Is it really Jinnah’s Pakistan?
For a government that loves to talk about Jinnah ka Pakistan and the more devoted followers of which never fail to compare Khan to the founder of the country, this was a failure on a very elementary level that flies in the face of Jinnah’s oft-repeated quote: “Think 100 times before you take a decision. But once that decision is taken, stand by it as one.”
But we didn’t need Jinnah to tell us this. This is a fundamental principle of management and frankly, something we pick up as children without even needing it to be taught.
Clearly, no one in this government got that memo.
And here’s when it gets truly incomprehensible: this is a government that does not have the judiciary on its back, which has the visible and clearly signalled support of the military and has a popular mandate with no political opposition worth the name. And yet it cannot stick to a simple decision that had not even been effectively challenged yet.
This is a government that had built up some religio-political capital by taking a stance on the despicable Geert Wilders’ caricature project and then taken credit for its cancellation. This is a government that – unlike the wounded Pakistan Muslim League-Nawaz at Faizabad – could have sustained the pressure and called the bluff.
And this is where it gets scary: sharks can smell blood in the water from miles away – or so I’m told by the good people at National Geographic – and are already circling around. That’s the thing with sharks – they are beasts of limitless appetite and aren’t usually amenable to compromise. To wit, you can’t ask them to bite off your hand and then expect them to leave the rest of you intact. And here you were literally in a shark cage with no need to make a blood sacrifice.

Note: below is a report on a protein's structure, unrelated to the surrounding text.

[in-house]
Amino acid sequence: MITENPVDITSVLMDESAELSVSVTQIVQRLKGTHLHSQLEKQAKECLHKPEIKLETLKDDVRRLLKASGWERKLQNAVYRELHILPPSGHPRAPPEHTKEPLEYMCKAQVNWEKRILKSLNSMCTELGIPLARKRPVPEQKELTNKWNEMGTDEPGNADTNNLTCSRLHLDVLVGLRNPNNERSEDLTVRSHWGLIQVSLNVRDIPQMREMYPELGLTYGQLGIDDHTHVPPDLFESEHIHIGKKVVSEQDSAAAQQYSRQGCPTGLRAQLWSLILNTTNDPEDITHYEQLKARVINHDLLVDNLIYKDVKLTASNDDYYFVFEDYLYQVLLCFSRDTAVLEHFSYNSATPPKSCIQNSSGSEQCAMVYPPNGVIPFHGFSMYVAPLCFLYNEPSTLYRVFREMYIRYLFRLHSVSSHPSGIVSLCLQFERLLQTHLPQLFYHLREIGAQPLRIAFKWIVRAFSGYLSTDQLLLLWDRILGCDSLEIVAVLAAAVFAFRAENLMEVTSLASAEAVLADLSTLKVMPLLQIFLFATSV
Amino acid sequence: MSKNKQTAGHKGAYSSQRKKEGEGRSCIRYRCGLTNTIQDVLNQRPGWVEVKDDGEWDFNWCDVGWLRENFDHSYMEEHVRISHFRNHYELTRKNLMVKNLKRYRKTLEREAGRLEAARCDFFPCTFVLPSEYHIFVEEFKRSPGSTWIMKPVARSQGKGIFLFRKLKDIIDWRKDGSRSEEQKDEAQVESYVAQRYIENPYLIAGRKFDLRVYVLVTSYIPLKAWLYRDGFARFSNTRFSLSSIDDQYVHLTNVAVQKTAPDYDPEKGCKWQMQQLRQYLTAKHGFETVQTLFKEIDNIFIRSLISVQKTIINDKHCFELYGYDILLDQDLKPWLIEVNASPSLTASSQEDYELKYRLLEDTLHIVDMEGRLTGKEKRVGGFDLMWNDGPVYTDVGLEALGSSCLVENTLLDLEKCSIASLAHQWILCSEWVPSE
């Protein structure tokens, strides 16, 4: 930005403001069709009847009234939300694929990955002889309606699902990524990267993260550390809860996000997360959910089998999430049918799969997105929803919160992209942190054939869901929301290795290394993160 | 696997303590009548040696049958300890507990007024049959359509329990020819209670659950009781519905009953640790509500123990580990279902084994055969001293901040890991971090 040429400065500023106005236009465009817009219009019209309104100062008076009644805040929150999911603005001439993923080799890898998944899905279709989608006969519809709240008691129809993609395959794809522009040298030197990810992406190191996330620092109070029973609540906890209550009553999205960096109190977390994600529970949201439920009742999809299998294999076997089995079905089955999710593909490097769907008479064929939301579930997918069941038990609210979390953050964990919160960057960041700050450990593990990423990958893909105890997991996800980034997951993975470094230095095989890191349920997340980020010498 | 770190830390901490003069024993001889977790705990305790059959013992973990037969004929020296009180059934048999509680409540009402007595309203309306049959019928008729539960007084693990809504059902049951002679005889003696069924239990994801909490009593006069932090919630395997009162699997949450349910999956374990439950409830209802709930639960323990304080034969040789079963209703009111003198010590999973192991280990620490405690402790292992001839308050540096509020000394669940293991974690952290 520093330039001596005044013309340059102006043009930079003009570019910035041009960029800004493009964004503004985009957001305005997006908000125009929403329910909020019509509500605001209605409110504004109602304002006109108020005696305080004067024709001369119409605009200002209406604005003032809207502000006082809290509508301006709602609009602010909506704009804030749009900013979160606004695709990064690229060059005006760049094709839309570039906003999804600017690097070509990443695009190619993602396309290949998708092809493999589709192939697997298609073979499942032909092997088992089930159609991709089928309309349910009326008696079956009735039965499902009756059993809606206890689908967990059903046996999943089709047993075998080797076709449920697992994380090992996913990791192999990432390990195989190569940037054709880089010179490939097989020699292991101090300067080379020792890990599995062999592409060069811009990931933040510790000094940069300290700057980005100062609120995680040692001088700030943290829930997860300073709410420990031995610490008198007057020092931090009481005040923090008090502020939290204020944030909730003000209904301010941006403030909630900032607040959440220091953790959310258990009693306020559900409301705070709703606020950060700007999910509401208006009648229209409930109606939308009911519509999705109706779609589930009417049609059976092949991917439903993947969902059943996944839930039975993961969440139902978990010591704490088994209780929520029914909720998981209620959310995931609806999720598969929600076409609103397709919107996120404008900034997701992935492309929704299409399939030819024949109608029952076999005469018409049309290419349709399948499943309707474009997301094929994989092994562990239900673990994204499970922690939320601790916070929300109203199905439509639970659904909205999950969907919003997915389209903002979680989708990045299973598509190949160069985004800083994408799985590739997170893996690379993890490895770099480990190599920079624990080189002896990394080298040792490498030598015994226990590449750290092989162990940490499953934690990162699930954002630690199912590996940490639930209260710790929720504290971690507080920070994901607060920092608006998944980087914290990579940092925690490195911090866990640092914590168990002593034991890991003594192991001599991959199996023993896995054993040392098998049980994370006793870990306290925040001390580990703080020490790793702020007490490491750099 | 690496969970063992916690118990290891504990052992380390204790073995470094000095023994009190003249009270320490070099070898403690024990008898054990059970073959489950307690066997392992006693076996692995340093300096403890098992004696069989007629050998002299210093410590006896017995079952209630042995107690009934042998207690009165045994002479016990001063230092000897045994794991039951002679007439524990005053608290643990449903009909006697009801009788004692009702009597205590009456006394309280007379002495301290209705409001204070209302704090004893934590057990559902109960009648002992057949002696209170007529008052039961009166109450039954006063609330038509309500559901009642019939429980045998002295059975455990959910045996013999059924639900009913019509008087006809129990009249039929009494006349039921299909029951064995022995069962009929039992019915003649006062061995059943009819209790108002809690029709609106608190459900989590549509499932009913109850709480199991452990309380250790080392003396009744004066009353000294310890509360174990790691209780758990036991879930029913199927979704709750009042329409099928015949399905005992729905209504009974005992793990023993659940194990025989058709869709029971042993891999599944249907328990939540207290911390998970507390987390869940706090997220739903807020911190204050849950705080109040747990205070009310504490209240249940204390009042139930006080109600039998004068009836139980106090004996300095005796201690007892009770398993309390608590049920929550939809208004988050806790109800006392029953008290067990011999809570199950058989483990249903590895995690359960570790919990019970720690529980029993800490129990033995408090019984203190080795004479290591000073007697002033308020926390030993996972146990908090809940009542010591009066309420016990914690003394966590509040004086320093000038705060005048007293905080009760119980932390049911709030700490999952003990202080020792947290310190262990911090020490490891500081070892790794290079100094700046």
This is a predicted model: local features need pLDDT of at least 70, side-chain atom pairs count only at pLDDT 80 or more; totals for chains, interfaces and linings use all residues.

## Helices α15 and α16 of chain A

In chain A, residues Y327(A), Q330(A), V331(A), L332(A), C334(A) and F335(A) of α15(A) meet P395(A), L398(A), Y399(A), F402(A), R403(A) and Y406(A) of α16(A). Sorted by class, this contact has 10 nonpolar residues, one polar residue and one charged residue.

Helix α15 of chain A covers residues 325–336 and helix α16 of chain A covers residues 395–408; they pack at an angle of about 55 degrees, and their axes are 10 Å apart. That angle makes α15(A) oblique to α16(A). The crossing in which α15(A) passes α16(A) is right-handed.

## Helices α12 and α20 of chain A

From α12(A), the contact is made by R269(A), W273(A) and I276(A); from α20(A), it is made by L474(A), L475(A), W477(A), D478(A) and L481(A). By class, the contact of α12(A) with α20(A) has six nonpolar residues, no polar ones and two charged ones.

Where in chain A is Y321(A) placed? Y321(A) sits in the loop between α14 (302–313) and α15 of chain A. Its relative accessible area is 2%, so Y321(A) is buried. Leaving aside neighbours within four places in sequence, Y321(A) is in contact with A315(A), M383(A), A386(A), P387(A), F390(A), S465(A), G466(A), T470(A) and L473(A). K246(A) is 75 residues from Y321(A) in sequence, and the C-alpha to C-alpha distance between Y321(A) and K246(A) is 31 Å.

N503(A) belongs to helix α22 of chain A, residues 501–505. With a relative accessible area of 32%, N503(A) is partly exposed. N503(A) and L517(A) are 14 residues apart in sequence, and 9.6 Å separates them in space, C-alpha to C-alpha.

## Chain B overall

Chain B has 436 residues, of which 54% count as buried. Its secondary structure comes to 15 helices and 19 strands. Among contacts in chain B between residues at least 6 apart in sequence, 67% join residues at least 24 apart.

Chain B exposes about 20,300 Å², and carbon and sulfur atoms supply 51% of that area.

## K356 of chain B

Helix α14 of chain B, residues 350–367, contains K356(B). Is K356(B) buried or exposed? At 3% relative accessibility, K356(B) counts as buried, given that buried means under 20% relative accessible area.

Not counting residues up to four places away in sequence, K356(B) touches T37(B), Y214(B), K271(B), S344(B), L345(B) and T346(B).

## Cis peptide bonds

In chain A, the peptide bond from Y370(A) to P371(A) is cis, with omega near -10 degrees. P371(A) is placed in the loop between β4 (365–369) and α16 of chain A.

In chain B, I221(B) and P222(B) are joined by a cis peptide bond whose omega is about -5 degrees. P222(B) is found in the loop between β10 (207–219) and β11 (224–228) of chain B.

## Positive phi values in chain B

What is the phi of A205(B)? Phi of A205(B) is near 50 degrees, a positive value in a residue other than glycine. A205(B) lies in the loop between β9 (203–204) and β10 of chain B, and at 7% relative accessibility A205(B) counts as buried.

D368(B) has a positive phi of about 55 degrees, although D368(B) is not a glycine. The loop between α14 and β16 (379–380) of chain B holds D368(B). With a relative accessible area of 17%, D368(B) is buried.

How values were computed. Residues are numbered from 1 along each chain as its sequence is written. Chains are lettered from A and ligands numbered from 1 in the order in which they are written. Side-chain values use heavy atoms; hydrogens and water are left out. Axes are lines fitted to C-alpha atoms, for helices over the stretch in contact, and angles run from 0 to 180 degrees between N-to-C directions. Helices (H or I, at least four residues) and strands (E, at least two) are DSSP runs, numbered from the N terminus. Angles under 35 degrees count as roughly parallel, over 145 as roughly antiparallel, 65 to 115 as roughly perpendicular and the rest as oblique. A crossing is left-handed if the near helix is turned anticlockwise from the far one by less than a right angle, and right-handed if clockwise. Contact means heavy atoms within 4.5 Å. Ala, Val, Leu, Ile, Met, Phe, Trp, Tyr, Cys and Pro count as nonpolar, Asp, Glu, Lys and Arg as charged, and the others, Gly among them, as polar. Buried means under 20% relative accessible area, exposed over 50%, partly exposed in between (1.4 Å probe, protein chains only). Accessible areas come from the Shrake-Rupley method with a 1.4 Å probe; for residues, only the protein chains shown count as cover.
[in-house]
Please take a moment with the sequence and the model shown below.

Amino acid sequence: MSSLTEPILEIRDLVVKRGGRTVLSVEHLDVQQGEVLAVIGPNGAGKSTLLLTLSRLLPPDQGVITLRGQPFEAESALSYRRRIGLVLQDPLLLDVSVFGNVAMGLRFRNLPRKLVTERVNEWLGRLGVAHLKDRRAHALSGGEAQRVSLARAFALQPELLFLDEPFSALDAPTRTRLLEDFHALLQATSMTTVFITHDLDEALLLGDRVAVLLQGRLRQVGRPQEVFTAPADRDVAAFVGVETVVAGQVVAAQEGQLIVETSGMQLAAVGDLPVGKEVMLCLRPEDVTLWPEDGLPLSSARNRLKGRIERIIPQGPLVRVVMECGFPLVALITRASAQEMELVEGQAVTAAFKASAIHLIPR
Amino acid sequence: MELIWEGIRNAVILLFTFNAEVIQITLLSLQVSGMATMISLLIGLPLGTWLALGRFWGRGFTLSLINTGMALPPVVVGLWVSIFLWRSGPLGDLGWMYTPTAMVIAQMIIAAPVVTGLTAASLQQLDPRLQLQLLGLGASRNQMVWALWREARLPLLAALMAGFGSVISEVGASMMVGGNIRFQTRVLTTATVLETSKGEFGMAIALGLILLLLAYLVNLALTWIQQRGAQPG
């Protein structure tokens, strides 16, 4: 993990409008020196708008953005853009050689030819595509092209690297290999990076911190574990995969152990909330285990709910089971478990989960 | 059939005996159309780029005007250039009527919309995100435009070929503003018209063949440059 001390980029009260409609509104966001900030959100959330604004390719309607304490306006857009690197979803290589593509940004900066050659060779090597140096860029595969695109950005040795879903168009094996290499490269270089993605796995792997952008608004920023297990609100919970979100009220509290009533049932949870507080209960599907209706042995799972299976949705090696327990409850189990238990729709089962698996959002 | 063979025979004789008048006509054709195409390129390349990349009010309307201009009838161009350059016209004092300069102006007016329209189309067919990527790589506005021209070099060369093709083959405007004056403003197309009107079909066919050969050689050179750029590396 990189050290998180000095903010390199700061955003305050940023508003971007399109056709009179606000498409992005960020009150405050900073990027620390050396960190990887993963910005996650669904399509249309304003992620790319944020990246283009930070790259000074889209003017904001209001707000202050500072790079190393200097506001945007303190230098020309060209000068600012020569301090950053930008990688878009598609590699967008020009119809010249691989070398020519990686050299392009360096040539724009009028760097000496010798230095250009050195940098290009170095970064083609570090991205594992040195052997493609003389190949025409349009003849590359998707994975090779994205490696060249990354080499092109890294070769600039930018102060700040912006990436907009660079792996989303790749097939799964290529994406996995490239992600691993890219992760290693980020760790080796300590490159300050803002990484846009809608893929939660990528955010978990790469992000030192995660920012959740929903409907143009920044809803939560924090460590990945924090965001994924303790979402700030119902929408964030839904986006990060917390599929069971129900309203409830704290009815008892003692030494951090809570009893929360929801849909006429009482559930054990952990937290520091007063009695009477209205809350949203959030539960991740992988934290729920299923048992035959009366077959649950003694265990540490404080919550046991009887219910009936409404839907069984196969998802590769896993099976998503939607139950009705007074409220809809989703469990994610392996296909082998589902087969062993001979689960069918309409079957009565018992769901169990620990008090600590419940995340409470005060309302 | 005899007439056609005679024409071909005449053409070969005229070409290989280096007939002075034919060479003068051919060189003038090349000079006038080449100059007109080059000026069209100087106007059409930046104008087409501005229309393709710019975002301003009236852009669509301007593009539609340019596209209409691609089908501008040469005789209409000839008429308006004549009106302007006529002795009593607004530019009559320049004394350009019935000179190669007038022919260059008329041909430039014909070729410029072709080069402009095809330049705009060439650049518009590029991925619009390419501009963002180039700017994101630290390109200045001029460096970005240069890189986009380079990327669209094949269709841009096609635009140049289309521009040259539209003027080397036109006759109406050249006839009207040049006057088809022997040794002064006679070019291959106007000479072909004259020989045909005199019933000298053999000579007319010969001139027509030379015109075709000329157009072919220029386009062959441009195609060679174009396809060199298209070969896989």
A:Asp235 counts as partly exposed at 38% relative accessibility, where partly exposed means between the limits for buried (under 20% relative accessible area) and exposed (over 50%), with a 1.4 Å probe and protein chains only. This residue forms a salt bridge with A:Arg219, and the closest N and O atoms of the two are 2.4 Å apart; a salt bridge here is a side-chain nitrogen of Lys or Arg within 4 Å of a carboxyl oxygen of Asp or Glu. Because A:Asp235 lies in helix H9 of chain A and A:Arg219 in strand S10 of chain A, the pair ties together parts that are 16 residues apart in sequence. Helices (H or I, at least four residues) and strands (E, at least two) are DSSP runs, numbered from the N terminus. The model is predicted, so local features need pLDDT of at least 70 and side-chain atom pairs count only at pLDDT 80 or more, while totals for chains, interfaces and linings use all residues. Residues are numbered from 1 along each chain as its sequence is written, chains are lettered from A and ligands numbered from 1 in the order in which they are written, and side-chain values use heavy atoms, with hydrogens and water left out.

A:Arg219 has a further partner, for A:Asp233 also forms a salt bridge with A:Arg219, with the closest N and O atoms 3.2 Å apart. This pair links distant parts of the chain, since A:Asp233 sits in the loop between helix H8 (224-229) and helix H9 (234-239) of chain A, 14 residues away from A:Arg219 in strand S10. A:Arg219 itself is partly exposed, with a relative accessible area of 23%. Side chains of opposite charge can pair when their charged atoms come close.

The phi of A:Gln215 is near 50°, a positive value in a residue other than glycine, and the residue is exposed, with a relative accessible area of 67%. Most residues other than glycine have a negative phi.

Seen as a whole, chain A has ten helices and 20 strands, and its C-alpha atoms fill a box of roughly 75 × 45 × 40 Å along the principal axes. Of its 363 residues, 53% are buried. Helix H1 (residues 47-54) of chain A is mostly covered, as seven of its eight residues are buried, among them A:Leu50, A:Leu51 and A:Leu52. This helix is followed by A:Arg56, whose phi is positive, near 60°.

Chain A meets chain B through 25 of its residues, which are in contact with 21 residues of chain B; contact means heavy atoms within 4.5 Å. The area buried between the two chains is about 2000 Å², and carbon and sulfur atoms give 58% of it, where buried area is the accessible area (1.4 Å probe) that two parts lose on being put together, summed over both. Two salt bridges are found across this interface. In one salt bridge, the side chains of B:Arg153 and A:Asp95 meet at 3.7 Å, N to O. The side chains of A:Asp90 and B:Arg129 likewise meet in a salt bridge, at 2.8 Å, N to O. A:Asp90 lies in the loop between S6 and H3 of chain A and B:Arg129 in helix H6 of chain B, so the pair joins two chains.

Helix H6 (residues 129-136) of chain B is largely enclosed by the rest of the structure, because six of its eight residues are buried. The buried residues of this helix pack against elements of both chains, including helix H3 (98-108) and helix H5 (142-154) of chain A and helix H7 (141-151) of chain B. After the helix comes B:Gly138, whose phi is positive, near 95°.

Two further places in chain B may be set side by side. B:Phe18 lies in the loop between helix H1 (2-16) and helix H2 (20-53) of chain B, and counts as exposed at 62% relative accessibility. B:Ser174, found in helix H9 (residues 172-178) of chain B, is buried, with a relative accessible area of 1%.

To some, this is karma.
After all, the Pakistan Tehreek-i-Insaf relentlessly weaponised religion against the former government (Captain Safdar and his theatrics notwithstanding), and continued to use it even after Ahsan Iqbal had nearly been murdered and so – some say – it is kosher to use the same tactics against them.
While one cannot agree with that, it is again clear that even the most benighted mind could and should have seen this coming.
After all, when you use the language of the extreme right, it is the extreme right that gains. In no time at all, blame will be shifted to the Opposition, to internal party factions, to random Twitter accounts and international conspiracies.
And more than blame, people within the government will even take credit.
In no time at all, we will move on, distracted like a child is by a set of shiny keys being rattled.
The first clinking of this was heard on the day Atif Mian was removed. That evening, Prime Minister Imran Khan took to the airwaves not to explain this turnaround, but to appeal for funds to build a dam.
After all, we are a resilient nation – as resilient as a battered wife who always hopes that the next time around the beating will end in only a bloody nose and not broken bones.
What is this you say? That’s not how resilience is defined?
Well that’s your fault for not updating to the “naya” dictionary where up is down and black is white. Meanwhile, the rest of us can huddle on the banks of the great river of denial.
Now, if we could only build a dam on that mighty waterway we could, maybe, stop drowning in idiocy.